There is a moment late in the Japanese tea ceremony when the leaves are crushed into the hot springwater and green matcha foam edges up against the lip of a ceramic bowl, making the bubbly liquid look more like soup than tea. The tea master lifts the bowl and turns to the first guest; if he does his job well, time seems suspended for an instant before he passes the bowl along. This very pause—when you hear the pop of wet coals in the fire, feel the chafe of the tatami matting underfoot, smell the fresh-cut grass of the tea—is the secret aim of the ceremony. In the end, it's not about the tea. It's an attempt to answer the question of how art and life intertwine, the Japanese ideal that true beauty comes only when you're so completely absorbed by your senses, you lose the ability to watch time, yourself, or others.
In this same spirit, Tokyo becomes one long exhale from just before midnight until sunrise. It becomes a place where time stands still, the passing of hours experienced only as a succession of sensations: the taste of farm-brewed Japanese whiskey, the feel of soft leather seats, the sound of gently tuned Nippon jazz. There is a way in which some of the world's most memorable photographs capture these moments when life is suspended between past and future, like the instant a tossed ball is moving neither up nor down. You can live out the Tokyo night floating in this same strange place, one that is less a break between two days than it is its own special land, evident in the unique Japanese way of tracking the nighttime hours—25:00, 26:00, 27:00 standing in for 1 a.m. onward.
It's easy to mistake the Tokyo night for a fast sprint, a blur of neon and noise and colliding cultures. But if you venture down the back alleys, behind doors marked only by paper lanterns and chalk symbols or secret slots allowing you entrance with the slip of a hand, you will find another city altogether. In this busy metropolis of 12 million, while most of Tokyo sleeps, a separate world exists, one devoted entirely to the perfection of your senses. Here you'll discover bars specializing in Bordeaux wines paired with fresh Australian cheeses, clubs satisfying crowds with trumpet and jazz combos, restaurants opening round midnight and just beginning to fill up at 2 a.m.
Kazuo Naito receives a box of fresh truffles every week when they're in season. Shipped express from northern Italy, each truffle is packed like a small jewel. In the early evening Naito picks through the box and discards all but the most perfect—a selection that benefits from his 20-year obsession with everything Italian. Throughout the night he serves his customers simple yet sumptuous homemade pasta with shaved truffles. The menu includes other delights—vegetables from Kyoto, venison from the outer islands—but you need not bother. The broad-faced Naito works over a truffle the way you might imagine a 13th-century swordmaker working over his steel, with stern patience. He smiles only out of courtesy, as if the business of preparing and serving a flawless Italian meal at one in the morning is a sacred art. For the guests who pack his subdued restaurant, Vino della Pace, he steadily rolls up his sleeves and shaves out a few ounces of perfection onto their plates. As jazzy tunes play on the stereo and Naito pours you a Barolo from his private collection, you experience one of those time-stopping, sensation-filled tea-ceremony moments.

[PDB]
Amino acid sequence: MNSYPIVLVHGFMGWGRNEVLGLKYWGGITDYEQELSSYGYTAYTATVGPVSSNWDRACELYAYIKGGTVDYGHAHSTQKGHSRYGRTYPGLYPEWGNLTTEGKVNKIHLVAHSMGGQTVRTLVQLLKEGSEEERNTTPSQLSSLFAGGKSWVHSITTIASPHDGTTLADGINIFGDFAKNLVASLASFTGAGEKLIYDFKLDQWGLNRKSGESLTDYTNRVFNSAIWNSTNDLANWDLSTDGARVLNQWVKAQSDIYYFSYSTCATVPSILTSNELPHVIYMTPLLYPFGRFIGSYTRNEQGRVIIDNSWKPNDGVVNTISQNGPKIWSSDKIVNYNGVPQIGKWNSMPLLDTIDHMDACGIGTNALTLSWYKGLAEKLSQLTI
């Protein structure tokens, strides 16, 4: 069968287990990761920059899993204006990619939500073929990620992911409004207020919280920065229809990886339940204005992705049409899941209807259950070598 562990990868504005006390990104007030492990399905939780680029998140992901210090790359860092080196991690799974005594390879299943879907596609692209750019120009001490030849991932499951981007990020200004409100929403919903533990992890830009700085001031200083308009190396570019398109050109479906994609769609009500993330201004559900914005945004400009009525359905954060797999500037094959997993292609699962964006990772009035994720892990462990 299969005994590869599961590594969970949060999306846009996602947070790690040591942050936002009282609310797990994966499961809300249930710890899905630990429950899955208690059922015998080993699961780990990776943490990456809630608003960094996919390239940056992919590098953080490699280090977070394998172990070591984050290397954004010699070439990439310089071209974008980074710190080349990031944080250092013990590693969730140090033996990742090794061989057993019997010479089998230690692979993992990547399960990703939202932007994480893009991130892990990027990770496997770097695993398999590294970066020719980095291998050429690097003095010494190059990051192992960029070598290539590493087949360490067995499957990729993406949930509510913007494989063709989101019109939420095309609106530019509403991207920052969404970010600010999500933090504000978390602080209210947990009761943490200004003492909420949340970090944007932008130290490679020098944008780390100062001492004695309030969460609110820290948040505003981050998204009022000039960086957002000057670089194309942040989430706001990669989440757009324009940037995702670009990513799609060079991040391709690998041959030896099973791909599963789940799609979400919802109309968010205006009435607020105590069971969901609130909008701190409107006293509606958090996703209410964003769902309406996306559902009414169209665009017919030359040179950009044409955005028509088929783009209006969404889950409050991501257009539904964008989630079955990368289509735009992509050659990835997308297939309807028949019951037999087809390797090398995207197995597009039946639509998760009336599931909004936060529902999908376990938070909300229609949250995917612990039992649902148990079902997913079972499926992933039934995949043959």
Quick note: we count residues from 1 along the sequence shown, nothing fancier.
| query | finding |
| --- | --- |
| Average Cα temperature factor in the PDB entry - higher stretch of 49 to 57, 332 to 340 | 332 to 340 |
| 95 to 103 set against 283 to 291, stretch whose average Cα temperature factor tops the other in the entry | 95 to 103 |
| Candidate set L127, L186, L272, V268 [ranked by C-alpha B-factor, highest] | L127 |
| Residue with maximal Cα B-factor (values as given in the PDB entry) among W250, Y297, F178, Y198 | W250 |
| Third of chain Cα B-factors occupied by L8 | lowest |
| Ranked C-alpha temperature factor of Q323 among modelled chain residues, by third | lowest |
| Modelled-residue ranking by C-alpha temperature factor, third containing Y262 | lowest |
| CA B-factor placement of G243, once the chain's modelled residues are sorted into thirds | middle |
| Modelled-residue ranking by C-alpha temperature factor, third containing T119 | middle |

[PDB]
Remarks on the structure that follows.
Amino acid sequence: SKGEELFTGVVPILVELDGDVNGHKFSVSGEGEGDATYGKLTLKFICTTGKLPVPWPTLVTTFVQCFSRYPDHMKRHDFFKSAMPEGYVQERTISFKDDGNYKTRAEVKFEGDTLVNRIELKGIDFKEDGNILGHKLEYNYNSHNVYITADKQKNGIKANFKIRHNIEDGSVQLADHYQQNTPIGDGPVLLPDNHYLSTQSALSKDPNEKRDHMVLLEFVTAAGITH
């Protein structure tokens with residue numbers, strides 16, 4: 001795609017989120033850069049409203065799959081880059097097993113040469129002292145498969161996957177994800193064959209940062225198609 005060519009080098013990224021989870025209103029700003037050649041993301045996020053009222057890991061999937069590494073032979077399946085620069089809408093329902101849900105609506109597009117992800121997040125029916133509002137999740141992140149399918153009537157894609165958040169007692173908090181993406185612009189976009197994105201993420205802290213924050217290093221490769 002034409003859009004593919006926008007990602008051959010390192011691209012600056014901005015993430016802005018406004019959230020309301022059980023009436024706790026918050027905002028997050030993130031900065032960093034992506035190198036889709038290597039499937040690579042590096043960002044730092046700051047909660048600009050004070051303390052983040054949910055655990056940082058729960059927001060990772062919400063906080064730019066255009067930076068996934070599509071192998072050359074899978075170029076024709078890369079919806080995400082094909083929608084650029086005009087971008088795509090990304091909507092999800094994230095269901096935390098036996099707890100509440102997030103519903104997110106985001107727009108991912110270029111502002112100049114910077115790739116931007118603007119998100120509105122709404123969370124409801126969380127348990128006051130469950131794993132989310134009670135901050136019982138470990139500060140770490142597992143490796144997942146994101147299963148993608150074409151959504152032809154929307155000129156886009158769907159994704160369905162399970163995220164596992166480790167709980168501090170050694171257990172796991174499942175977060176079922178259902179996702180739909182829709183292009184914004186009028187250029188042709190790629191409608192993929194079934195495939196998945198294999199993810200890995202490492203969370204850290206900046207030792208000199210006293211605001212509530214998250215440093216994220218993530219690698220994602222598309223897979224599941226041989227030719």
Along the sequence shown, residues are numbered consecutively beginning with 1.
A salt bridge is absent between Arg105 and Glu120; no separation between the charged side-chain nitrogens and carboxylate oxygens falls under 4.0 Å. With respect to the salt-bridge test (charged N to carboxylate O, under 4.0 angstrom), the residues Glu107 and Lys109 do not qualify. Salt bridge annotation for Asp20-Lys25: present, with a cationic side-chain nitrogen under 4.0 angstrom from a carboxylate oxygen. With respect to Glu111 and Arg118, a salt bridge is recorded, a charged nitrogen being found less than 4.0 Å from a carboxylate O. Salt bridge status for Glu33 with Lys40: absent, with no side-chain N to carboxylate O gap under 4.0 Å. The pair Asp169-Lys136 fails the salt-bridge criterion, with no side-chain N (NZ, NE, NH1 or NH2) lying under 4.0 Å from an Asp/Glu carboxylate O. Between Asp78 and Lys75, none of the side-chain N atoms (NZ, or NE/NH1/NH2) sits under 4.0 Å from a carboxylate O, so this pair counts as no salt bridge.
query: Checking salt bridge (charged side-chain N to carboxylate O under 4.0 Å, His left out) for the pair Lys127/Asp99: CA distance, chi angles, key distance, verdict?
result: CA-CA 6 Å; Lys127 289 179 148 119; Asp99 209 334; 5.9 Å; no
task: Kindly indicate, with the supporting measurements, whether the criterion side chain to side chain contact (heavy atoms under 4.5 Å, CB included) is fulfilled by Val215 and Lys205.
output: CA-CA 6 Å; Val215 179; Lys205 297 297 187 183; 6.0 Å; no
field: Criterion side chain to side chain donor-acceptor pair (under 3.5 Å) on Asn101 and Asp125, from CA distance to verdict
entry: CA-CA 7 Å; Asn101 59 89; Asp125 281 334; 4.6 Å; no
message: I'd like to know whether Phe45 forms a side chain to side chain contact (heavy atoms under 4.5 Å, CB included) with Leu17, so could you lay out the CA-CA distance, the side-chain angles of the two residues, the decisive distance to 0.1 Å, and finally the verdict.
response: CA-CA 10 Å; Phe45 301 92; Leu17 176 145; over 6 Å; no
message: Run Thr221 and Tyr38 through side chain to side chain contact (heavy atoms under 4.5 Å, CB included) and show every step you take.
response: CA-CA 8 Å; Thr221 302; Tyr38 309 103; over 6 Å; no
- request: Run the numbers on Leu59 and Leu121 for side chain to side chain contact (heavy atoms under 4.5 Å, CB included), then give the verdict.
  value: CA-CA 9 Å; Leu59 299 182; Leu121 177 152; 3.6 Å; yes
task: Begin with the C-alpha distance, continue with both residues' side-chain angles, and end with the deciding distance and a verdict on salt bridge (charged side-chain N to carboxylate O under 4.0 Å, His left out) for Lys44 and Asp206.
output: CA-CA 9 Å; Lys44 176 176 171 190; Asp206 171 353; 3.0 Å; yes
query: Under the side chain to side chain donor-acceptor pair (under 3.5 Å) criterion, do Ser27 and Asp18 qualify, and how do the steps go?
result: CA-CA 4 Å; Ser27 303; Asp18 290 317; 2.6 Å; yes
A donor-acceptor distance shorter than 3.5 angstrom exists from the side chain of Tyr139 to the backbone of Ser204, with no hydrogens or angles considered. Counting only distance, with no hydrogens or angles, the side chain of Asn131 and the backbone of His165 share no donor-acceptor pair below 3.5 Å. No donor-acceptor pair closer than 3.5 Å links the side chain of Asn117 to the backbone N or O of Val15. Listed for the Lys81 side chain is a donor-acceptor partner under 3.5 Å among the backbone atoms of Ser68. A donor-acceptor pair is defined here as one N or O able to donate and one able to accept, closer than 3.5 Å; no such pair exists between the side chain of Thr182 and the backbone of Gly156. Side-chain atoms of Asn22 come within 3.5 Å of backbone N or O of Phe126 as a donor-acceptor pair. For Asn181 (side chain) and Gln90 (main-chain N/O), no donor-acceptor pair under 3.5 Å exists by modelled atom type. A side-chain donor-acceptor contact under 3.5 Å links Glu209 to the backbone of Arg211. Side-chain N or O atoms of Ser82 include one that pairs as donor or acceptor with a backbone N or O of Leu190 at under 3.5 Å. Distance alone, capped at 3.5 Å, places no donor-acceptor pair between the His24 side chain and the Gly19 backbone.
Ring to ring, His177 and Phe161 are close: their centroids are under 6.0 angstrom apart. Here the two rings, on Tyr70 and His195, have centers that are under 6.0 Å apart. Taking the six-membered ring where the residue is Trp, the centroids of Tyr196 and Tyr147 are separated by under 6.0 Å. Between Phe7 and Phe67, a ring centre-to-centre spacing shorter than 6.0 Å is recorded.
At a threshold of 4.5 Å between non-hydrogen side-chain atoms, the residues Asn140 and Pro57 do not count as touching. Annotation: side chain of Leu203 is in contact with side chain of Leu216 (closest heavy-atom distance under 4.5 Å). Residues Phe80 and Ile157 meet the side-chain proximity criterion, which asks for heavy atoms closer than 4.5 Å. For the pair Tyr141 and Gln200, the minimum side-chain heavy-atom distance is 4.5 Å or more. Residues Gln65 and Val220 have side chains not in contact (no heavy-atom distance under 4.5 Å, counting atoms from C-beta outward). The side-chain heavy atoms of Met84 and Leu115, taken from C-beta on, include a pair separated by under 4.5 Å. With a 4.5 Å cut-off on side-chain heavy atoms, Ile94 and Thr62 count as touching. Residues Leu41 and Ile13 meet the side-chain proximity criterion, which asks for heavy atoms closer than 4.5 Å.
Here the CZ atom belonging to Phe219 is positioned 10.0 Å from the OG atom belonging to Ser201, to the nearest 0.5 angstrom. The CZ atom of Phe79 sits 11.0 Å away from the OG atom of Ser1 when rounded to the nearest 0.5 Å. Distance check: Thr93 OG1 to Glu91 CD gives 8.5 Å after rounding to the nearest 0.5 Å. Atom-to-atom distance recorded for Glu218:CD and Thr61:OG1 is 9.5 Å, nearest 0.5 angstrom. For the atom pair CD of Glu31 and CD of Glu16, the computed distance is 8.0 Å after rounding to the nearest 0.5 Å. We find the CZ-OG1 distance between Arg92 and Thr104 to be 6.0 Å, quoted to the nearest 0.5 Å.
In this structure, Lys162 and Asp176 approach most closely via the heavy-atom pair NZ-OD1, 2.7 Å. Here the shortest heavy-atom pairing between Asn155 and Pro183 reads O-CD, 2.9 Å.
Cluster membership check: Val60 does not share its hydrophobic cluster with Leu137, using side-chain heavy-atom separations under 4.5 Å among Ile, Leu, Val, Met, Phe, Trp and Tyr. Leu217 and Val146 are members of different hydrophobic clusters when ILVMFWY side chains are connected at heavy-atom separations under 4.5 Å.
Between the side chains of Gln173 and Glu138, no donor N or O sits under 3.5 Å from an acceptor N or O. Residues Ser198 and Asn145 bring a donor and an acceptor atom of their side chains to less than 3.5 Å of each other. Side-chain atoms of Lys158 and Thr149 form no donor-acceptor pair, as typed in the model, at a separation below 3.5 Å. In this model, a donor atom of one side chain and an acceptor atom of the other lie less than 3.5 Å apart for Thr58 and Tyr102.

Tokyo nights are teeming with hosts like Naito, and the challenge is to choreograph a sensual dance through their world. It's a composition that leads easily from the last songs played in jazz clubs such as the Blue Note to the first shouts heard at the tuna auction in the Tsukiji fish market at dawn, the final stop of your nocturnal tour for that sushi breakfast.
Wherever you dine, the perfect night begins with a late dinner orchestrated by a teishu, or house master. This is the person who serves as the conductor of your experience, from what you taste to what you hear. Naito's private cellar, for example, and his delicate skill for combining local ingredients with Italian tradition give him a formidable arsenal. You can get the same experience at Tama, a restaurant in Gaienmae where hypermodern Japanese fare is presented in an environment of absolute tranquillity—polished stainless-steel counters, soft lights, and more smooth jazz. Better still is Matsugen. At this noodle shop, one of the city's best, fresh-made strands of soba are served cold in summer, hot in winter alongside carefully chosen raw vegetables and charcoal-roasted skewered chicken. On certain summer nights, the restaurant features a tomato bar: a selection of nearly a dozen fresh tomatoes sliced and served naked—except for their own clean taste—in palm-size bowls with a scoop of ice to keep them cool. Winter brings grilled vegetables that taste equally of the hot coals they've just escaped and the fields they were picked from earlier in the day.